The following analysis is a re-post from the chief economist of the National Beer Wholesalers Association. To receive additional information, please contact NBWA Chief Economist Lester Jones at [email protected] or head over to the NBWA website.
Final December numbers from the Alcohol and Tobacco Tax and Trade Bureau (TTB) on national domestic beer shipments were released Monday. This release from the TTB closes out the last 2014 report for total industry accounting. The combination of domestic tax paid and imported volumes represent the total amount of beer available for sale in the United States. This is the only measure we have of total industry volumes that cover all domestic brewers, brewpubs and importers of malt beverages.
As previously reported, domestic volumes were down slightly (-0.6% CY), but import volumes rose significantly (+6.9% CY) to bring total industry volumes (+0.4%) into positive territory. While looking relatively flat, the industry saw some significant shifts in package mix between cans, bottles and draft. The table below shows combined domestic and import volumes for 2013 and 2014 with volume changes and shares.
The data above show that the can segment was the big winner in 2014, growing more than 30 million cases and gaining almost 1 share point of total volumes from 2013. Bottle packages lost almost 18 million cases and subsequently lost almost all of their share to can packages. Draft, on the other hand, continues to hold a 10 share of the market, losing only about 1.2 million case equivalents (CEs). The shift between can and bottle packages in the marketplace was seen in both import (+18%) and domestic (+1.1%) volumes. Clearly, the can package has managed to break into the high-end beer business where glass has traditionally had a hold for both craft and imported beers. Craft beer’s expansion into more channels from convenience to airlines over the past few years also has helped increase can packages share of total business.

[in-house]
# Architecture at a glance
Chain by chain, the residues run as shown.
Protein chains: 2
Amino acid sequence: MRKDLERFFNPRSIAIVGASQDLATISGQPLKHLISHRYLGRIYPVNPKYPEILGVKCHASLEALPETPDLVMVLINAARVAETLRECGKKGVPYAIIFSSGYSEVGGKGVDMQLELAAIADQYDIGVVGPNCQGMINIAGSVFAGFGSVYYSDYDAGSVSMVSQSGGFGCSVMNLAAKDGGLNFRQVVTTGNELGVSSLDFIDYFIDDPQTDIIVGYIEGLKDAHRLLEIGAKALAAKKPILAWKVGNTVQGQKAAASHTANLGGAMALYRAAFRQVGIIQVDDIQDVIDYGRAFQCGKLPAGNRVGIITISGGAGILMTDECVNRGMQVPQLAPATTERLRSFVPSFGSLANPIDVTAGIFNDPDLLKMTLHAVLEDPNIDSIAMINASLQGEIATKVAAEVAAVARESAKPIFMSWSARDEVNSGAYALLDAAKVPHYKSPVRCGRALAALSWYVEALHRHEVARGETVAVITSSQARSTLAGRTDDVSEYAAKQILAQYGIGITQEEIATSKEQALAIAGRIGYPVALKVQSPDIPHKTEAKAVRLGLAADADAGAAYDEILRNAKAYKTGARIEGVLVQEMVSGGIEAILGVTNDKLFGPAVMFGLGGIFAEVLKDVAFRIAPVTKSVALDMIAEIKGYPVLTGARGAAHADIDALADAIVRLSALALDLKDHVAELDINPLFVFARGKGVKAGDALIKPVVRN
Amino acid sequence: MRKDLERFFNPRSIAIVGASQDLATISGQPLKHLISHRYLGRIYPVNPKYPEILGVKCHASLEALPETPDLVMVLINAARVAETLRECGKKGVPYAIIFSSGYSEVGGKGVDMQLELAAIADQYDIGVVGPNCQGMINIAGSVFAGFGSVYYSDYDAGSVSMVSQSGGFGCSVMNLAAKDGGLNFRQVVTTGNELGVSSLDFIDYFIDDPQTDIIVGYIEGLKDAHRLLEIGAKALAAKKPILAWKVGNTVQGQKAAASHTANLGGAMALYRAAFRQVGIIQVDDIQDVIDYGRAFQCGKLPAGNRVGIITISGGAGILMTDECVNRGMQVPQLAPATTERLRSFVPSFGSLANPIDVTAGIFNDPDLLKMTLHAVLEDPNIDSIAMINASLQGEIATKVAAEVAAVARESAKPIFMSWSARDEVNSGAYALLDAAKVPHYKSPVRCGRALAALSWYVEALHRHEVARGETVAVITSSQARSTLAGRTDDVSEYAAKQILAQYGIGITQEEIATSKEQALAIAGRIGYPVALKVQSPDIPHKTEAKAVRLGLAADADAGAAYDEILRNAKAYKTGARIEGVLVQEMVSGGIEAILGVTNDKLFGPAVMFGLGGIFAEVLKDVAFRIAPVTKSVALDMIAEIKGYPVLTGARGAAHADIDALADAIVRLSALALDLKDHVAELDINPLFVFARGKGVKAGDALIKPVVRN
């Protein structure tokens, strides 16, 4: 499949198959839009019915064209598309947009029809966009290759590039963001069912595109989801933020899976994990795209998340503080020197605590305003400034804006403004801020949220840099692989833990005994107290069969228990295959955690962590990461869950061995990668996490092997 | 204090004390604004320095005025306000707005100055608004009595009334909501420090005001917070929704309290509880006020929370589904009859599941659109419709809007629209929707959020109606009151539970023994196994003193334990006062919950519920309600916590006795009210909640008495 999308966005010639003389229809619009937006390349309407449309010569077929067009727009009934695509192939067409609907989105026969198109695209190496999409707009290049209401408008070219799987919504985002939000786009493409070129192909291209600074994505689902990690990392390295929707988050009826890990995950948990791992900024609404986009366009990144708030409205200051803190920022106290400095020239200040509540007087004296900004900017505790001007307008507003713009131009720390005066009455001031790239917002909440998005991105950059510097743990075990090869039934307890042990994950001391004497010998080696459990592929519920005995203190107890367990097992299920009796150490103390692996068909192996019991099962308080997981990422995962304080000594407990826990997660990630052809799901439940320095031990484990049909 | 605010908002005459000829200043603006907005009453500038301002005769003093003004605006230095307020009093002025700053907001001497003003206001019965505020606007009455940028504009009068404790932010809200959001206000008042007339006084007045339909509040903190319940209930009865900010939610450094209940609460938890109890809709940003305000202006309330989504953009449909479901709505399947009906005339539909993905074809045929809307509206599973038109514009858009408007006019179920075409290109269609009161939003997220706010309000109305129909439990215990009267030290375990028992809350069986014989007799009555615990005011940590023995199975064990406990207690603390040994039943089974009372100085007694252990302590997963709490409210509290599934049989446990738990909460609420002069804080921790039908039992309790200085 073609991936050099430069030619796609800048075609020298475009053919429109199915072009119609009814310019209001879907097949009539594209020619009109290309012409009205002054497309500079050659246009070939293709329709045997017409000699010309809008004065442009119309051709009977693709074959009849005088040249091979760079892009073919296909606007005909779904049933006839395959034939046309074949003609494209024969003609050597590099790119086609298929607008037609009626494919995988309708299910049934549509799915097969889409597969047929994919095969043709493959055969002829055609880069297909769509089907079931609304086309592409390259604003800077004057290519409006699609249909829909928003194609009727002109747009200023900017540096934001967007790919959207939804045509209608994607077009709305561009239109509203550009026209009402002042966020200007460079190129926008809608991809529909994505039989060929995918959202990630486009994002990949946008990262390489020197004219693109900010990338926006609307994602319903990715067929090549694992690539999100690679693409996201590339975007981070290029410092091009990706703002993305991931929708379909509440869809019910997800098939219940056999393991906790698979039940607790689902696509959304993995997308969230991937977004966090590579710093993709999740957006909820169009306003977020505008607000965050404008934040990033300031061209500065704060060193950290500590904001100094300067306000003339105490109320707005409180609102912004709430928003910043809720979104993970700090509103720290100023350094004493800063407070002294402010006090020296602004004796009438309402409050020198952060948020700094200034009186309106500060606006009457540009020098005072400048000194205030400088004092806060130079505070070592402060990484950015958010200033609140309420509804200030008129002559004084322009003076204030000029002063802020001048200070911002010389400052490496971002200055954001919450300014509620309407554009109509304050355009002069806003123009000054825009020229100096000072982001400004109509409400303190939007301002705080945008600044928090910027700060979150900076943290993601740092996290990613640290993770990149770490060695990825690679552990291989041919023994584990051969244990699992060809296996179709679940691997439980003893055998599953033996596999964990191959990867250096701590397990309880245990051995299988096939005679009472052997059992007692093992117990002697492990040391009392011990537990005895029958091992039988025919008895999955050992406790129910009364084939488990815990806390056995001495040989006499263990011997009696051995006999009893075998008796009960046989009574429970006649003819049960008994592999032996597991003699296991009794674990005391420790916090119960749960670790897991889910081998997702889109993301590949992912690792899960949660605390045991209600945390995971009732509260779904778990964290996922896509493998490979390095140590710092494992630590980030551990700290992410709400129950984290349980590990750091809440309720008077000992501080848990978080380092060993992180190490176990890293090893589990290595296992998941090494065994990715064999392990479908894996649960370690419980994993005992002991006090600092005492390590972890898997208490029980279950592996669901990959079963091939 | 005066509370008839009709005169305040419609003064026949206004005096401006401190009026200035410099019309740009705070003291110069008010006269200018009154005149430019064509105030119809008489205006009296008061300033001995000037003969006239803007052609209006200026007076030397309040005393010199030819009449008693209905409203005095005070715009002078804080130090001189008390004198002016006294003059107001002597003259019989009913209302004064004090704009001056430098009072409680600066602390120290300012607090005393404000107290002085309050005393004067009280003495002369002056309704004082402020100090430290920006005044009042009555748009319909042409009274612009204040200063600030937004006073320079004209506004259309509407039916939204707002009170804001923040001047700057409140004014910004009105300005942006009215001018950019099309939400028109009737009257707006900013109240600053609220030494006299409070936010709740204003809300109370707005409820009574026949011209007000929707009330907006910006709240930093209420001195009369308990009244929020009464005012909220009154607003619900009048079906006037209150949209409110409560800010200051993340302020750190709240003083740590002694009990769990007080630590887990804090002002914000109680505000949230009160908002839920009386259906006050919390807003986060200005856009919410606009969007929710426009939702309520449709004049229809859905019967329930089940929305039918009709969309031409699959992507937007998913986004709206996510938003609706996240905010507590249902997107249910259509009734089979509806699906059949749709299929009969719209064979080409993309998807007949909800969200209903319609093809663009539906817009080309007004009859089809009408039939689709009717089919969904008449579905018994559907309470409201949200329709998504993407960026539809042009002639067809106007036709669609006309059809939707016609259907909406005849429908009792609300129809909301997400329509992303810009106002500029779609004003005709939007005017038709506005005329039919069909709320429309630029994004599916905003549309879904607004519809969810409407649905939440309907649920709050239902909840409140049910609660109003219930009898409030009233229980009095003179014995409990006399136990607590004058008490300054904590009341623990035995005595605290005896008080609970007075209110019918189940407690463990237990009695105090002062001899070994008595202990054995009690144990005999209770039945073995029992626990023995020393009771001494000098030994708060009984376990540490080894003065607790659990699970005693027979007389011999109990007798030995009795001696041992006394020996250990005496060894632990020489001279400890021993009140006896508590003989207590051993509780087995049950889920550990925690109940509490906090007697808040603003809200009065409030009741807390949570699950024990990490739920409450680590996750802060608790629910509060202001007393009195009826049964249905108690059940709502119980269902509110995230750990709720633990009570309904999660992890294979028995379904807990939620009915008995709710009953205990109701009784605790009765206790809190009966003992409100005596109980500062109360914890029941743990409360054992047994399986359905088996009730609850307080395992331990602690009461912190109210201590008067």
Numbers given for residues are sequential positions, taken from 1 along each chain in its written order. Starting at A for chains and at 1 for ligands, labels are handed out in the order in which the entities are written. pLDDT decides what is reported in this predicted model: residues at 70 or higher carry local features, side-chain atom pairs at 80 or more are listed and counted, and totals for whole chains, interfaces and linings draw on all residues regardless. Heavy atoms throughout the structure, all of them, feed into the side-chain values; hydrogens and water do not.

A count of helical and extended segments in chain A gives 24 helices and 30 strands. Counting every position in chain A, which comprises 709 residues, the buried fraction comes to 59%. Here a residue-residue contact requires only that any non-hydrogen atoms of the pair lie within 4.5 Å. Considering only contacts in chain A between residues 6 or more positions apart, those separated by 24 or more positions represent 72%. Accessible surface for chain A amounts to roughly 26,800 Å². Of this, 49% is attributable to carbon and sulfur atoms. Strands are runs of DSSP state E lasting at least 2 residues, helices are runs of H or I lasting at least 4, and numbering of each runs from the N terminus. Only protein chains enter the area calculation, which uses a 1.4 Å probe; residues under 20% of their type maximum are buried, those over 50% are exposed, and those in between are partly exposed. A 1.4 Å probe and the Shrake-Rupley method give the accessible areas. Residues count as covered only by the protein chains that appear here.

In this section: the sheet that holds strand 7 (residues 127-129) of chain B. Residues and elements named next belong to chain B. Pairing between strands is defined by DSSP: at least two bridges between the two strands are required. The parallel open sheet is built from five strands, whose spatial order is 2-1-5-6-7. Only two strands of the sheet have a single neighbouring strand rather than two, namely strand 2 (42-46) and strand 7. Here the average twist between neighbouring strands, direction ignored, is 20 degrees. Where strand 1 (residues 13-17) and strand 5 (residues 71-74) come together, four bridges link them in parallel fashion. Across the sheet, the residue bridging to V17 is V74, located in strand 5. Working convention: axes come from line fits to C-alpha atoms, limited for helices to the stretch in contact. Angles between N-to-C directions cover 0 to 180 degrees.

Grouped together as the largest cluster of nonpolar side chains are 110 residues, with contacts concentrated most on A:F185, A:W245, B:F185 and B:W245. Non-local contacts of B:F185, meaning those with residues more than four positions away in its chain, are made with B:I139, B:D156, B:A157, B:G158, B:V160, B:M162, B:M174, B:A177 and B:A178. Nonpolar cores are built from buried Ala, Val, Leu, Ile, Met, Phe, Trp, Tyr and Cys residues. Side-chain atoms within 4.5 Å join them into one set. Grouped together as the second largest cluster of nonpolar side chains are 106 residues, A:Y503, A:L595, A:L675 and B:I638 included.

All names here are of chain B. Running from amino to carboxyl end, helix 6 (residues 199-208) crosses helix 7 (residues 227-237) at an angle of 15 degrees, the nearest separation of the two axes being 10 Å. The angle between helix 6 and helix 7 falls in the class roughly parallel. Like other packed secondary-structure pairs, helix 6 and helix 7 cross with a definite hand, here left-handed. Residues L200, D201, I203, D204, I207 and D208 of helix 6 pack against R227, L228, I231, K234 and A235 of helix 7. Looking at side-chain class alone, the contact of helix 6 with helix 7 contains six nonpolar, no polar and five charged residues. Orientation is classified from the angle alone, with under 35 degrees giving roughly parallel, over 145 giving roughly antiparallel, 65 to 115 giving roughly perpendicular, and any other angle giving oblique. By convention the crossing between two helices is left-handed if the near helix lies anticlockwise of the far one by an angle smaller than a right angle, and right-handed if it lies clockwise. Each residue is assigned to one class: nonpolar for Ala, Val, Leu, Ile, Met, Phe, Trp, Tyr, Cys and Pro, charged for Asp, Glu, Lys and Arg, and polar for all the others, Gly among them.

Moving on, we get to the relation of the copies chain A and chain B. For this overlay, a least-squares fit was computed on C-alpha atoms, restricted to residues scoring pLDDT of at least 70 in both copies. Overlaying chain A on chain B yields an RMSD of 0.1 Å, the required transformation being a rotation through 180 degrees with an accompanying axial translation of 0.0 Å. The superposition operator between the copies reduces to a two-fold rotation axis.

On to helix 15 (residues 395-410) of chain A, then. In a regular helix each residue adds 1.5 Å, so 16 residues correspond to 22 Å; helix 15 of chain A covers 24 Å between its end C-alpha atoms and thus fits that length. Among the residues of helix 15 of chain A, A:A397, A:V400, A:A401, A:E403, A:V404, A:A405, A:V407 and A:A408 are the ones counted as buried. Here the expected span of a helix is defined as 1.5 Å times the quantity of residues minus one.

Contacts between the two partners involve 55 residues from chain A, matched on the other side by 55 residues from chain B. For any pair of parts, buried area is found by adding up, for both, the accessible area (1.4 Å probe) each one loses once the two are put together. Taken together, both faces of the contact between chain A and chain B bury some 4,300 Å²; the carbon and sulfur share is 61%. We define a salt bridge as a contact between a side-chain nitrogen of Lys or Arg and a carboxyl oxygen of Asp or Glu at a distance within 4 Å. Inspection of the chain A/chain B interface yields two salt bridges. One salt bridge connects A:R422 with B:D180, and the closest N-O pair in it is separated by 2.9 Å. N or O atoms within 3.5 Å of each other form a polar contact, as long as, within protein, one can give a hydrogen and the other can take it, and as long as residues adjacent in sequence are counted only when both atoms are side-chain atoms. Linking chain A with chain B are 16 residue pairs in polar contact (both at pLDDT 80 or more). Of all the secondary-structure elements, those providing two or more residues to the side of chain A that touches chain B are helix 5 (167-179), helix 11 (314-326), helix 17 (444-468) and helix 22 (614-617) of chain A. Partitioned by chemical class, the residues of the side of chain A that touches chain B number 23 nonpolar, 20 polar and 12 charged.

The conundrum for the beer industry is draft beer. Despite significant growth in brewpubs, taprooms and festivals driven by smaller brewers with a heavy draft mix, the total share of draft beer continues to be stuck at around 10 percent share of market and actually declined in 2014.
The graph above shows draft beer share grew from 9 percent in early 2005 to more than 10 percent in 2011; however, share growth slowed from 2011 to 2014 despite significant growth in the number of small brewers and brewpubs. In fact, the volume of draft beer shipped in 2014 at 287 million case equivalents is about the same volume that was sold back in 1954 at 255 million cases. In more than 60 years, the same total volume of draft beer is consumed around the country.